I’m almost done packing but still cannot believe that I am actually leaving Ghana today. After three months, I have completely adjusted here and will probably have a bit of reverse culture shock after returning home. I’ve made a point to stay busy so I won’t have to focus on all of the good-byes I will be saying in a few hours.
If I could offer advice to someone planning on doing an internship in Accra, Ghana, my first piece would be to make sure to research the country. Understanding the history, cultural, and religious practices will come in handy, and help reduce some culture shock. Learning a few phrases of Twi, the dominant local language, will also go a long way. I decided not to do any research because I wanted to be surprised and that just resulted in culture shock.
Communicate effectively! This counts before you even arrive to Accra. If there is any confusion about any part of your experience, make sure they are sorted before you leave the U.S. We had a lot of problems with communication with all of the researchers we were working with, which led to frustrating delays. So be open and willing to communicate as soon as a problem arises. And if you’re thinking about traveling, get all documents for multi entry visas before coming.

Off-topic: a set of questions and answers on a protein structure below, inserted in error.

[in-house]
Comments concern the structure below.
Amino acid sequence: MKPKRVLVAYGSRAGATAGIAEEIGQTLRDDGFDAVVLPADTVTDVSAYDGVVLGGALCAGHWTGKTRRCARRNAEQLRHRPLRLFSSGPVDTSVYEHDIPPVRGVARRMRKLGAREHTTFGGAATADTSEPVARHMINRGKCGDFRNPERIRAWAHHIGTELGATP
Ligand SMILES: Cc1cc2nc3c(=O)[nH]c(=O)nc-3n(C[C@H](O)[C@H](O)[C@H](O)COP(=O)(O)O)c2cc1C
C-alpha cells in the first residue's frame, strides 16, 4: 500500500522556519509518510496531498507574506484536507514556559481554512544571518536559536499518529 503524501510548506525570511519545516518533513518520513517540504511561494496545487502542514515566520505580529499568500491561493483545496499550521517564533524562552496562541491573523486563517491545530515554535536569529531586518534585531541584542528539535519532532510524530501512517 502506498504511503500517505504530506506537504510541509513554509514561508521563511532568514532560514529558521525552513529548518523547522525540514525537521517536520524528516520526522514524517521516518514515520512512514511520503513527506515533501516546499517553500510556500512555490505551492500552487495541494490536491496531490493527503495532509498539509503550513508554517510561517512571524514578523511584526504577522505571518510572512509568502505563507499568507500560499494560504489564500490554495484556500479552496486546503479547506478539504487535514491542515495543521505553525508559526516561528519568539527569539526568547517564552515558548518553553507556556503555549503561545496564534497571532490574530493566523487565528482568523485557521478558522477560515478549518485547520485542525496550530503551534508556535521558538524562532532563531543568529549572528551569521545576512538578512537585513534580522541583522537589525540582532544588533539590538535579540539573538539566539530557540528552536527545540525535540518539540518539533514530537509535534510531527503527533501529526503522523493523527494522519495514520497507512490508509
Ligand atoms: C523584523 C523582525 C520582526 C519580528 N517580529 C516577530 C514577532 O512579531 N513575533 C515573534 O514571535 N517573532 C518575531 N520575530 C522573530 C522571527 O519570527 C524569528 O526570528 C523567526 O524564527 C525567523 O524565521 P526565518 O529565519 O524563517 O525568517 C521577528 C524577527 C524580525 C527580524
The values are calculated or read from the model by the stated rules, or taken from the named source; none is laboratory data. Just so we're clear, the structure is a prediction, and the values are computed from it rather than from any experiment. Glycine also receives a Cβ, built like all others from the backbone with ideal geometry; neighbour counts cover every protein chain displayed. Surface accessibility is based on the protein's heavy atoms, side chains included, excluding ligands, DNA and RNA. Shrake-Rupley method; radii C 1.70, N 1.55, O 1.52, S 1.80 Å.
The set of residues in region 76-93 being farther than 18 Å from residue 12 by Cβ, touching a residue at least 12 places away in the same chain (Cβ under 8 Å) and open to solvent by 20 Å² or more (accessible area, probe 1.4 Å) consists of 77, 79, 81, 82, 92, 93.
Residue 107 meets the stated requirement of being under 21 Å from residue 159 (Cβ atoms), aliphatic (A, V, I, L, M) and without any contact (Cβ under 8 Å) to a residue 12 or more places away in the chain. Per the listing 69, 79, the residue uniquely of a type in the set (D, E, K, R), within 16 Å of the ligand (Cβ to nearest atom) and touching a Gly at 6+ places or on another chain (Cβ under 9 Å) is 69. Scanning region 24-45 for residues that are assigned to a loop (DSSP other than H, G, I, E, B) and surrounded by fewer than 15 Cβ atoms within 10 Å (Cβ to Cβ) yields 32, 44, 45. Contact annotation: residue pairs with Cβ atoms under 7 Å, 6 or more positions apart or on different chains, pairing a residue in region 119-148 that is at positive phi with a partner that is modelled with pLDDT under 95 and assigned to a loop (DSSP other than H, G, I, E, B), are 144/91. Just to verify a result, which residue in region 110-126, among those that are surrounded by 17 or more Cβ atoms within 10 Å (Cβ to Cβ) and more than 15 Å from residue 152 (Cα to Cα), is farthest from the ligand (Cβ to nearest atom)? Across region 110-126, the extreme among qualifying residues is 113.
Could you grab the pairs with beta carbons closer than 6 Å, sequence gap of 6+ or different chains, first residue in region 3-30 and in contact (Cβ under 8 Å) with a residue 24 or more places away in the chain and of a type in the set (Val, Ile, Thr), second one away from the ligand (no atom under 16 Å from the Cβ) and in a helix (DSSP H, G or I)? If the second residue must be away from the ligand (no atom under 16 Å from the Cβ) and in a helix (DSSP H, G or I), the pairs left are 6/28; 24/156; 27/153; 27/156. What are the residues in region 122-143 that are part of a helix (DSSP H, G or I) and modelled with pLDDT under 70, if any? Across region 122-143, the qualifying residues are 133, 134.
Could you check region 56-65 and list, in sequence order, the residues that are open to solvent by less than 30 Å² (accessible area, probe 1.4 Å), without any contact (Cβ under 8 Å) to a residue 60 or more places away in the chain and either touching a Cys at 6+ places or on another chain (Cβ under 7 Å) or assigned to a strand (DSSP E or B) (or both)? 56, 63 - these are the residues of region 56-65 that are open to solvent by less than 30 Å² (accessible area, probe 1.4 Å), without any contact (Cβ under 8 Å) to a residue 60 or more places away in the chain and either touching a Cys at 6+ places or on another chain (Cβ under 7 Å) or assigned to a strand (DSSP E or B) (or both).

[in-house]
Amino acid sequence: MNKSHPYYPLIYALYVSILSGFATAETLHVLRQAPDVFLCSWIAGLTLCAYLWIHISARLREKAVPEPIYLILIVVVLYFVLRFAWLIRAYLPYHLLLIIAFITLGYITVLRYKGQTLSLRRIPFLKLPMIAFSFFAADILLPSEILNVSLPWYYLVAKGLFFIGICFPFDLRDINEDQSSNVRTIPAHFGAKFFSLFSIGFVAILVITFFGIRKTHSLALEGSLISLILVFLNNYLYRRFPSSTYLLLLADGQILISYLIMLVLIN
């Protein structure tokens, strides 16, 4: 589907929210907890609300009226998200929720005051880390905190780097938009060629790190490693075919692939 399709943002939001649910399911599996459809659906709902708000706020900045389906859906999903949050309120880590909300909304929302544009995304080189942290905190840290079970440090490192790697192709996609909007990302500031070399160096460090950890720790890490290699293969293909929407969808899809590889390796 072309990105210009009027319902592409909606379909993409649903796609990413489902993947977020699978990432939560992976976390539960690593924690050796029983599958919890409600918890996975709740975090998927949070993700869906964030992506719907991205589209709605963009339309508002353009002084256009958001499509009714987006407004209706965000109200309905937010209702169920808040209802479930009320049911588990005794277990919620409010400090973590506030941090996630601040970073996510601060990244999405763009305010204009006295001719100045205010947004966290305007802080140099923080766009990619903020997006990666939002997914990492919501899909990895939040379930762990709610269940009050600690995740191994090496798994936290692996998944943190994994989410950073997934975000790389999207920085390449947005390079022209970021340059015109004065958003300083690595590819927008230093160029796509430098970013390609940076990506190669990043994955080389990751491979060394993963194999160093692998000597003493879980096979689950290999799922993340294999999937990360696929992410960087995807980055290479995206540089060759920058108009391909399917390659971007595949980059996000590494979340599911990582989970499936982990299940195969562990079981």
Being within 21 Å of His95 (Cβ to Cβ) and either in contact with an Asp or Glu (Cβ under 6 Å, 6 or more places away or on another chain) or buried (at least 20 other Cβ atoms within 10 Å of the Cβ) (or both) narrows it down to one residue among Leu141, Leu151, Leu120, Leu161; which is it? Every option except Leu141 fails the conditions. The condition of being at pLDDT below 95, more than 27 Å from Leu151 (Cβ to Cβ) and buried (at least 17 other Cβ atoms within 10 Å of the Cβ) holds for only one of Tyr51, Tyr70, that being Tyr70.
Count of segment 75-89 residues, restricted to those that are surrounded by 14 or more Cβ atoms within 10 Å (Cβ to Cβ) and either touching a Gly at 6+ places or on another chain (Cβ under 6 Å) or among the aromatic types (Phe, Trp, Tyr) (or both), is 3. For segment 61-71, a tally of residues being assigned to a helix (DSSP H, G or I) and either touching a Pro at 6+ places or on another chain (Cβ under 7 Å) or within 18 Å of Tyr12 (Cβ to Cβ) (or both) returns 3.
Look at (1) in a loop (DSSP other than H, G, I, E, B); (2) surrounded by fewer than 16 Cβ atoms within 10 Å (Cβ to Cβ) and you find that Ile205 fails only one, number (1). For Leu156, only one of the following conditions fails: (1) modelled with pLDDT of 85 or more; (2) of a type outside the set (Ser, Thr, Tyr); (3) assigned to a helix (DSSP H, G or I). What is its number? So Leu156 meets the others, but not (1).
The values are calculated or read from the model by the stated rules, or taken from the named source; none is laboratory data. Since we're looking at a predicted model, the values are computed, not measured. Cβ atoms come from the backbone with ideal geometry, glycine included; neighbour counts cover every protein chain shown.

Be open minded and willing to go out of your comfort zone! And try hard to befriend locals! One of the most exciting parts of doing an internship abroad is the potential for amazing experiences. But these won’t happen if you aren’t willing to try new things. A great way to impact your experience is to meet local people around your age. I struggled with this because of the location of my hotel and work. Hanging out at the local university can help you find some new friends.
Find fun cultural events to go to! This may sound obvious but it can be more difficult than it seems. The best way is to befriend locals and they can keep you informed and help you buy tickets. I was able to attend the annual Ghana vs Naija concert, where the biggest stars from Ghana and Nigeria performed, including Shatta Wale and DaVido. It was amazing to see how much locals love their country’s musicians. Now I have a new genre of music that I love.